From the outset, Ir Amim—and of course, the Palestinian population and many other organizations that were following this government decision—knew that the impetus behind it was to increase Israeli sovereignty over East Jerusalem and to expand and entrench Israeli control over the city. There were various provisions within this decision, including different sectors they were investing in, such as education, roads, economic development and placement of women in the workforce, and so forth. But there were a few very, very alarming sectors, and one of them was this land registration process. Suddenly, after 51 years, Israel decided to resume the land registration process after it froze it in 1967 when it occupied East Jerusalem. Under Jordanian rule between 1948 and 1967, there was a land registration process that had begun, but it was very, very slow. What we found is that 90 percent of East Jerusalem’s lands were unregistered (see Land Settlement and Registration in East Jerusalem).
And so, for years, Israel froze this process for various reasons. They claimed it was political, too complex, and so on. Then, suddenly, in 2018, they revived it under the guise of benefiting the socioeconomic development of Palestinians in East Jerusalem.
We were immediately alarmed by this. There was great apprehension among our Palestinian partners that it would be used to appropriate more land, thereby dispossessing and displacing more Palestinians. So, for the last five years, we’ve been tracking this process, and what we’ve seen is that, first and foremost, the process is virtually devoid of all transparency according to protocol and regulations. There’s supposed to be a transparent process where Israel publishes where SOLT is taking place, how it’s being done, how many dunams of land are being part of the process, and so forth. And what we’ve seen is that the transparency is very, very limited to the point where we have essentially had to come up with our own system to monitor and track the progress with SOLT. We did this through scouring various government websites and mapping systems that they have online. And again, it’s not that it’s explicitly in front of us; we’ve had to put two and two together to figure out where SOLT is taking place.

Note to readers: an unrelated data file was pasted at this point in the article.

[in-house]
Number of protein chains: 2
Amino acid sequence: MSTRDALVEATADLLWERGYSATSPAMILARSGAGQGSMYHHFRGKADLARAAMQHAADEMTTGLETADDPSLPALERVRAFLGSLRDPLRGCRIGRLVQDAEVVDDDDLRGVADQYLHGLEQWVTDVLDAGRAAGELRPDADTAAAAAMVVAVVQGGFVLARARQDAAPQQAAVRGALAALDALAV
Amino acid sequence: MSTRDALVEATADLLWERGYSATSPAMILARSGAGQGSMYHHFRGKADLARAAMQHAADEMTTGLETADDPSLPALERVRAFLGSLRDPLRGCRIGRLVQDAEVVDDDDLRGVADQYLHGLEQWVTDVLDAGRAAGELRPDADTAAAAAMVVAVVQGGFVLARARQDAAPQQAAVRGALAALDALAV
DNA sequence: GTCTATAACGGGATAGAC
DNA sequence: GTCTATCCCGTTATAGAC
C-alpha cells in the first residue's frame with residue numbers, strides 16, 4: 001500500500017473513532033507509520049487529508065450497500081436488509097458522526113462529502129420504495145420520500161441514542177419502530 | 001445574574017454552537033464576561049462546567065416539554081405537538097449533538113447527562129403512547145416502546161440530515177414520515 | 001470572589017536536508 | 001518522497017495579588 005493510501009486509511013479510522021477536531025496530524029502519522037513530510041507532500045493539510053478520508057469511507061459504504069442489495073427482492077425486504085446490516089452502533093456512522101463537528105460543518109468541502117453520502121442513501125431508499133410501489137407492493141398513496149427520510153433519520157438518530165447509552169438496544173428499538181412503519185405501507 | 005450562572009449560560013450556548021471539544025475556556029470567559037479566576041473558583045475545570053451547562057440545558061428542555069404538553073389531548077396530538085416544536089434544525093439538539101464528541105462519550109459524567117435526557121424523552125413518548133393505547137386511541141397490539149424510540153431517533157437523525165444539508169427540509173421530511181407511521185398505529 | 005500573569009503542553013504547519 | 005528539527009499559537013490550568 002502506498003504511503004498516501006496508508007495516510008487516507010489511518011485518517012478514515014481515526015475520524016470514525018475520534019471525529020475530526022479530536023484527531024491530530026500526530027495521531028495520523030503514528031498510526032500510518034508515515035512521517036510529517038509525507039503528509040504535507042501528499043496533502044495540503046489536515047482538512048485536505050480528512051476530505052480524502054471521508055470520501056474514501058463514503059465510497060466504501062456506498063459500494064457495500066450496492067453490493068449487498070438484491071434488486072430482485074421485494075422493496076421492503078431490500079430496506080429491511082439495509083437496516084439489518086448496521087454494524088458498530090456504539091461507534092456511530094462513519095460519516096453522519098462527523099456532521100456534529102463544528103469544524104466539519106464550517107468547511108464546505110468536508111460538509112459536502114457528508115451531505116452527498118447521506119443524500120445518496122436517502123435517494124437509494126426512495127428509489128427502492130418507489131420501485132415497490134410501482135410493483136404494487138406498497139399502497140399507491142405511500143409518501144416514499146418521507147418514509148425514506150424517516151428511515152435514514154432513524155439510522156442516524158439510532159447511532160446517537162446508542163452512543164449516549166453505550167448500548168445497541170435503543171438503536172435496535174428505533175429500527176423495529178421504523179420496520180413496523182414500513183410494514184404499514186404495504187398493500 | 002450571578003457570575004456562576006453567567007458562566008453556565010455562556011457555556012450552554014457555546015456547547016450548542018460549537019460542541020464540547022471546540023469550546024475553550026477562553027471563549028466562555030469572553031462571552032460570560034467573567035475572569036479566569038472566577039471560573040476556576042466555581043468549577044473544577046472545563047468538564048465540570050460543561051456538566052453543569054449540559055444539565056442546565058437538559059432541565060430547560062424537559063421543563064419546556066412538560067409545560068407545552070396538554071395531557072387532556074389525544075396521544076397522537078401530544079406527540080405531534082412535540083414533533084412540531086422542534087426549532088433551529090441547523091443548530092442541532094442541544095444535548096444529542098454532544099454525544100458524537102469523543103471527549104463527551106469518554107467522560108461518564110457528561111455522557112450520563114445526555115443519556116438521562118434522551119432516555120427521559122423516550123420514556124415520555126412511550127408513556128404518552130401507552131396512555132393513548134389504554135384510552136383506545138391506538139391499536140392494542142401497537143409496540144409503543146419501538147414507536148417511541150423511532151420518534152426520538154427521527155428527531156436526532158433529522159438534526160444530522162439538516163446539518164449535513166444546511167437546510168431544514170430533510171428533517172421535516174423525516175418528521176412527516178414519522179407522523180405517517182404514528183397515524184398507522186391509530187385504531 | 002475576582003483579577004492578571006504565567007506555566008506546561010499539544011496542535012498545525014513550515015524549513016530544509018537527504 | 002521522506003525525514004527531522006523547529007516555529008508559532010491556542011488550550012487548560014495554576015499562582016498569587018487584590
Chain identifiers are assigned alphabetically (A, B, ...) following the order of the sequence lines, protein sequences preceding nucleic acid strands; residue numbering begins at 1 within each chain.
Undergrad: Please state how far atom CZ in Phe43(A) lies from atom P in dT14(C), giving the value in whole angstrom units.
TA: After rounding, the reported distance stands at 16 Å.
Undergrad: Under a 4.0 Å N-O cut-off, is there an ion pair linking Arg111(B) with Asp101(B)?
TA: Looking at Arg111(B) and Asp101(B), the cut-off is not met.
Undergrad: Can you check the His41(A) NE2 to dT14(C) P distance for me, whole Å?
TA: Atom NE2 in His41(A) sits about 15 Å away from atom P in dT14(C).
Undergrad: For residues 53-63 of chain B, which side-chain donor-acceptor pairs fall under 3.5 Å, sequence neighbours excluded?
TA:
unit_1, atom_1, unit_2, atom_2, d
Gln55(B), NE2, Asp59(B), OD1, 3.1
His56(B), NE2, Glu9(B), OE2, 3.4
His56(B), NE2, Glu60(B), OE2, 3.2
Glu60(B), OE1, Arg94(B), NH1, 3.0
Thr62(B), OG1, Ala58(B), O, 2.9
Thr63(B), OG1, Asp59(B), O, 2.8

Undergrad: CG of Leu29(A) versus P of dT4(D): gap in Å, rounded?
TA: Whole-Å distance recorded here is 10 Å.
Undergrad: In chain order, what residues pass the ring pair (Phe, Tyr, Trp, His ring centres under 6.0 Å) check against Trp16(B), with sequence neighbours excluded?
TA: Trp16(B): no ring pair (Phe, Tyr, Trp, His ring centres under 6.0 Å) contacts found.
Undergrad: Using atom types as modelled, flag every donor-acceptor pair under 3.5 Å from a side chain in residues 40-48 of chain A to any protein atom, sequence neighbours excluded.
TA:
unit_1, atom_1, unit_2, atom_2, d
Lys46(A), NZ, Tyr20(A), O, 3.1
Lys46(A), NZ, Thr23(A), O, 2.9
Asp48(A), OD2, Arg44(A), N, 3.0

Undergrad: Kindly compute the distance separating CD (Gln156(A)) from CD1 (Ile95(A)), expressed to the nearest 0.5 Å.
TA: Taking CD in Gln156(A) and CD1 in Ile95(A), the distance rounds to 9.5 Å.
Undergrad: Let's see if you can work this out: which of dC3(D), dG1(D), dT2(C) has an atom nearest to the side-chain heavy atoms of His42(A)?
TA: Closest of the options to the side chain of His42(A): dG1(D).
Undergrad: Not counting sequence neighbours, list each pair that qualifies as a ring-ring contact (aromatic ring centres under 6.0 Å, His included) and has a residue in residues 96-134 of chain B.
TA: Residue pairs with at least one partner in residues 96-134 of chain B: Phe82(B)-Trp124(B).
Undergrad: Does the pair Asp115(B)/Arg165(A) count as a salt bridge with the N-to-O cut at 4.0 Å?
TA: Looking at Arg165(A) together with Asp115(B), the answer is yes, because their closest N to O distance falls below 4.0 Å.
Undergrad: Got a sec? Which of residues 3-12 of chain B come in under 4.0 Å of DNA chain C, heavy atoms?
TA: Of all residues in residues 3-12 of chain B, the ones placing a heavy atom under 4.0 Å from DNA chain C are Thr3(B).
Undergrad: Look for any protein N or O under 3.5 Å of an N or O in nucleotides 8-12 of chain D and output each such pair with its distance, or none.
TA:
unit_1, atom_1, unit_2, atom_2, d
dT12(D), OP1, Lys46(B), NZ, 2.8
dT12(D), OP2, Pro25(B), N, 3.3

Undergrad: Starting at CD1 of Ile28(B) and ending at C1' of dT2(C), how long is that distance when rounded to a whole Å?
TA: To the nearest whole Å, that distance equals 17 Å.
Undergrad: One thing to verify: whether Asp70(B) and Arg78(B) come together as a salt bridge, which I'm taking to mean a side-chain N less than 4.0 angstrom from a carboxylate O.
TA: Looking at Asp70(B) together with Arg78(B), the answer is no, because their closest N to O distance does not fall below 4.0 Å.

So there’s basically in lieu of transparency, we’ve had to come up with our own system to kind of track it because it’s very convoluted. We have one particular individual who is the coordinator of this project and is tracking every single move.
And after years of tracking the process, in 2021, we really started to see movement on this issue. Over the past few years, SOLT has not—and this basically confirms our suspicions—is not being used for the benefit of Palestinians. We have not been able to find one block or plot of land being registered that is for the benefit of Palestinians—meaning that a Palestinian family has taken part in the process and that they are establishing rights to the land.